Saying Goodbye: Does Practice Really Make Perfect?

by Lisa McKay on April 3, 2013

Change is in the air. After three years here in Luang Prabang, we’re leaving. My husband, Mike, is taking up a new job in Vientiane (the capital of Laos), so we’re packing up our life here and moving. We’re also having another baby in just over four months.

Because of the lack of quality medical care in Laos, it would be less than wise for me to give birth in this country. Because I have a chronic health condition called lymphedema that makes enduring hot weather heat difficult and damaging, it would also be less than wise to stay here, heavily pregnant, through the worst of the hot season and then make a late-date dash to Thailand to deliver. So the plan for months had been for me to leave Laos with our toddler in mid-May when I hit the third trimester, and go home to live with my parents for five months around the delivery of baby number two.

Given that I am now 37, I am sure that my poor parents thought they were at least a dozen years past any chance that I would turn up pregnant and alone on their doorstep needing sanctuary, much less do this twice within three years. Just goes to show you never know in life. It also goes to show that when you raise third culture kids who choose to continue on as global nomads, you run a serious risk of being permanently pegged as their home base. Parents, take heed.

So Mike and I had it all planned, you see. But in the past two weeks all our carefully stitched-together plans have come unraveled. Mike has re-herniated a disc in his back that was operated on only six months ago. An MRI indicates that the injury requires another surgery, after which he won’t be able to lift anything heavier than ten pounds (including our toddler) for at least ten weeks.

I won’t bore you by relaying all the reasons we settled on our new plan of action, I’ll just jump straight to the details. We’ve scheduled Mike’s surgery for April 12th, and Dominic and I will leave for Australia on about the 18th, right after Mike comes out of hospital.

This new plan moves my planned departure from Luang Prabang up by a month, to just one week from today. It also means that Mike and I will be apart for a full 14 weeks before he arrives in Australia just before (hopefully) the birth of our second child. Mike will have to oversee the pack up of our house, move to a new city, and start a new job by himself while he’s still recovering from surgery. In short, it all sort of sucks.

In the wake of this latest medical drama, I haven’t thought a great deal about leaving here as a move. The fact that I won’t be coming back to this beautiful little town that’s been home for three years hasn’t really sunk in.

They say that practice makes perfect, but when it comes to leaving places and people I think it might be the opposite – on one level, anyway.

You do get better at coping with the logistical demands with practice. I can now tackle a multi-stage pack up of our lives, logically parse a dozen complicated flight itineraries, and shift from place to place without breaking too much of a sweat. Over time, however, the emotional demands of serial itinerancy are becoming more difficult for me to acknowledge and address, not less.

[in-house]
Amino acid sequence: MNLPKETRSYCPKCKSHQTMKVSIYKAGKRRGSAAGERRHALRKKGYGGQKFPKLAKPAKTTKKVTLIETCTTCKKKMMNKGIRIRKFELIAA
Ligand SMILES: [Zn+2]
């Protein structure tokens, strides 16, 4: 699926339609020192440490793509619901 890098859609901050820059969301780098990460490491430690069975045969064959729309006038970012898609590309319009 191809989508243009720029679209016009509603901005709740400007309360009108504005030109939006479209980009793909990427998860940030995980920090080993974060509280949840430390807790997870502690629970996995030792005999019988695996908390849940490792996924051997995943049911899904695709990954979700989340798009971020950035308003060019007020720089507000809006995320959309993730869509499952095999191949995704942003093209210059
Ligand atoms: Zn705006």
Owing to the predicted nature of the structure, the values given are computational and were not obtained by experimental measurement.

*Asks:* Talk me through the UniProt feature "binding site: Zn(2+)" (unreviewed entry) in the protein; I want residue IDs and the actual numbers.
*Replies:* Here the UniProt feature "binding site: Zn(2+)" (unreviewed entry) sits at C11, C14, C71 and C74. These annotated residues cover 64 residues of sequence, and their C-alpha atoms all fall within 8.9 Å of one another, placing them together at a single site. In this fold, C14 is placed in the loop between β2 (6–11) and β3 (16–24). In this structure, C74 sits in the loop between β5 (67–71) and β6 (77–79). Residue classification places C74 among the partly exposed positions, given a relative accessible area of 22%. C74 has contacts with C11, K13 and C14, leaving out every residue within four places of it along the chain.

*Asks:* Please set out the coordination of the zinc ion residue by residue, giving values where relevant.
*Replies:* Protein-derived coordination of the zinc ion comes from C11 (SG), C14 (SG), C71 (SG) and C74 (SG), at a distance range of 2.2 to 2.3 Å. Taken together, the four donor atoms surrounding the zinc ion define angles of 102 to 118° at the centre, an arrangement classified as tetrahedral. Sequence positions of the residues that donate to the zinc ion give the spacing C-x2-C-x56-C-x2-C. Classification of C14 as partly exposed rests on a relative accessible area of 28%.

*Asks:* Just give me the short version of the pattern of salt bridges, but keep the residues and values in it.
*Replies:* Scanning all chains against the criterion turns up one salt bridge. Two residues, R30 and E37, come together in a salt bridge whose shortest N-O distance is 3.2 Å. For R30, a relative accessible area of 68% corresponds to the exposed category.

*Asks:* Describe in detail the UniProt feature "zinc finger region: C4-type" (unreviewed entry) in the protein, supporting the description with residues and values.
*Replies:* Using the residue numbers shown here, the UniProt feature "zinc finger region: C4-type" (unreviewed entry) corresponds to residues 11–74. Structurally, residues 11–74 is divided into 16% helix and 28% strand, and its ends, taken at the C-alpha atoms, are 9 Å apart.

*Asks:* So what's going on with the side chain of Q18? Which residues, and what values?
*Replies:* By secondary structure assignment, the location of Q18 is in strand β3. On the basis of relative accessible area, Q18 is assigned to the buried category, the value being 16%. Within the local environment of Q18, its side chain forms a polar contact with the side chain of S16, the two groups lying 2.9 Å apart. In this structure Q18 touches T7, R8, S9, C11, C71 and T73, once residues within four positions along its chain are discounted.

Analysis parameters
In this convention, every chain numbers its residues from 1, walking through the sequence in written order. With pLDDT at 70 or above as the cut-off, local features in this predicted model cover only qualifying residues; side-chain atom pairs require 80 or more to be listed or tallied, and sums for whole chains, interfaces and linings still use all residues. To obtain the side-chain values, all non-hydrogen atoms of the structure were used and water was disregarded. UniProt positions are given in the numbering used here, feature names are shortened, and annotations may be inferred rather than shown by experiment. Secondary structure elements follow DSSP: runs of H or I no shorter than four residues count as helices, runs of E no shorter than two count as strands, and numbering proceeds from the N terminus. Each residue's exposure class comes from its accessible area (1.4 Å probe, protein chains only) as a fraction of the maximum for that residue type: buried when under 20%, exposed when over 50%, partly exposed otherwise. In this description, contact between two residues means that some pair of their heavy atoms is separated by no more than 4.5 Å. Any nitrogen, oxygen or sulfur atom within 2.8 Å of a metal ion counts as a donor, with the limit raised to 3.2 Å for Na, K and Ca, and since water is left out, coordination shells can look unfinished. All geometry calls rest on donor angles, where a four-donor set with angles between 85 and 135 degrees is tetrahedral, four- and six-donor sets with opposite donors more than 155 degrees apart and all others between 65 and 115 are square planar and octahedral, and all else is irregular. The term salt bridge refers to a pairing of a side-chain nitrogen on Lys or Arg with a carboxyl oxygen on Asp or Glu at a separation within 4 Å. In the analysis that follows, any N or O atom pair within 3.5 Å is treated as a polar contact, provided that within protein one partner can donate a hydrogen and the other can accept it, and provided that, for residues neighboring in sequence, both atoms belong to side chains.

Given the sudden rush and how the pressure has accelerated all the deadlines on an already daunting to-do list, it’s perhaps understandable that this departure still feels unreal to me. I’m not exactly flush with time to sit around and think about things I’ve loved here, things I’ll miss, and all the joys and grief that this town has born witness to. There won’t be a farewell party, or many leisurely dinners with friends that would provide opportunities to tell them how we love and appreciate them, and thank them for how they’ve enriched our lives. I’m thinking more about how to survive this change than how it feels or what it means.

To be honest, though, I don’t know how much deep processing of this departure I’d be doing even if our plans hadn’t been up-ended. So far I’ve moved countries about a dozen times and houses at least twenty. I’m continually getting better at the logistics of relocation, but I’m starting to worry that I’m getting worse at saying and feeling meaningful goodbyes. The last time I deeply grieved a move I was sixteen. Now I tend to disconnect easily, perhaps too easily. And I wonder if this is linked in important ways to another trend I’ve noticed – my growing tendency to settle somewhere new lightly, perhaps too lightly.

Right now, I don’t know. All I know right now is that a week from now we’ll be on a plane, heading for a hospital in Bangkok that I’m way too familiar with. A week after that I’ll be preparing to board another plane. Then the kaleidoscope of life will be given another sudden twist and I’ll be “home” in Australia with winter coming on, minus one husband and plus two parents. I’ll be looking for a new normal for our toddler and for me for the following six months.

And then, we’ll be leaving.

And arriving.

Again.

What have your experiences been with moving?
How do you mark departures and say goodbye?

Lisa McKayauthor, psychologist, sojourner in Laos

Website: www.lisamckaywriting.com      Books: Love At The Speed Of Email and My Hands Came Away Red

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About Lisa McKay

Lisa McKay is a psychologist and the award-winning author of the memoir Love At The Speed Of Email, the novel My Hands Came Away Red, and several books on long distance relationships. She lives in Laos with her husband and their two sons.

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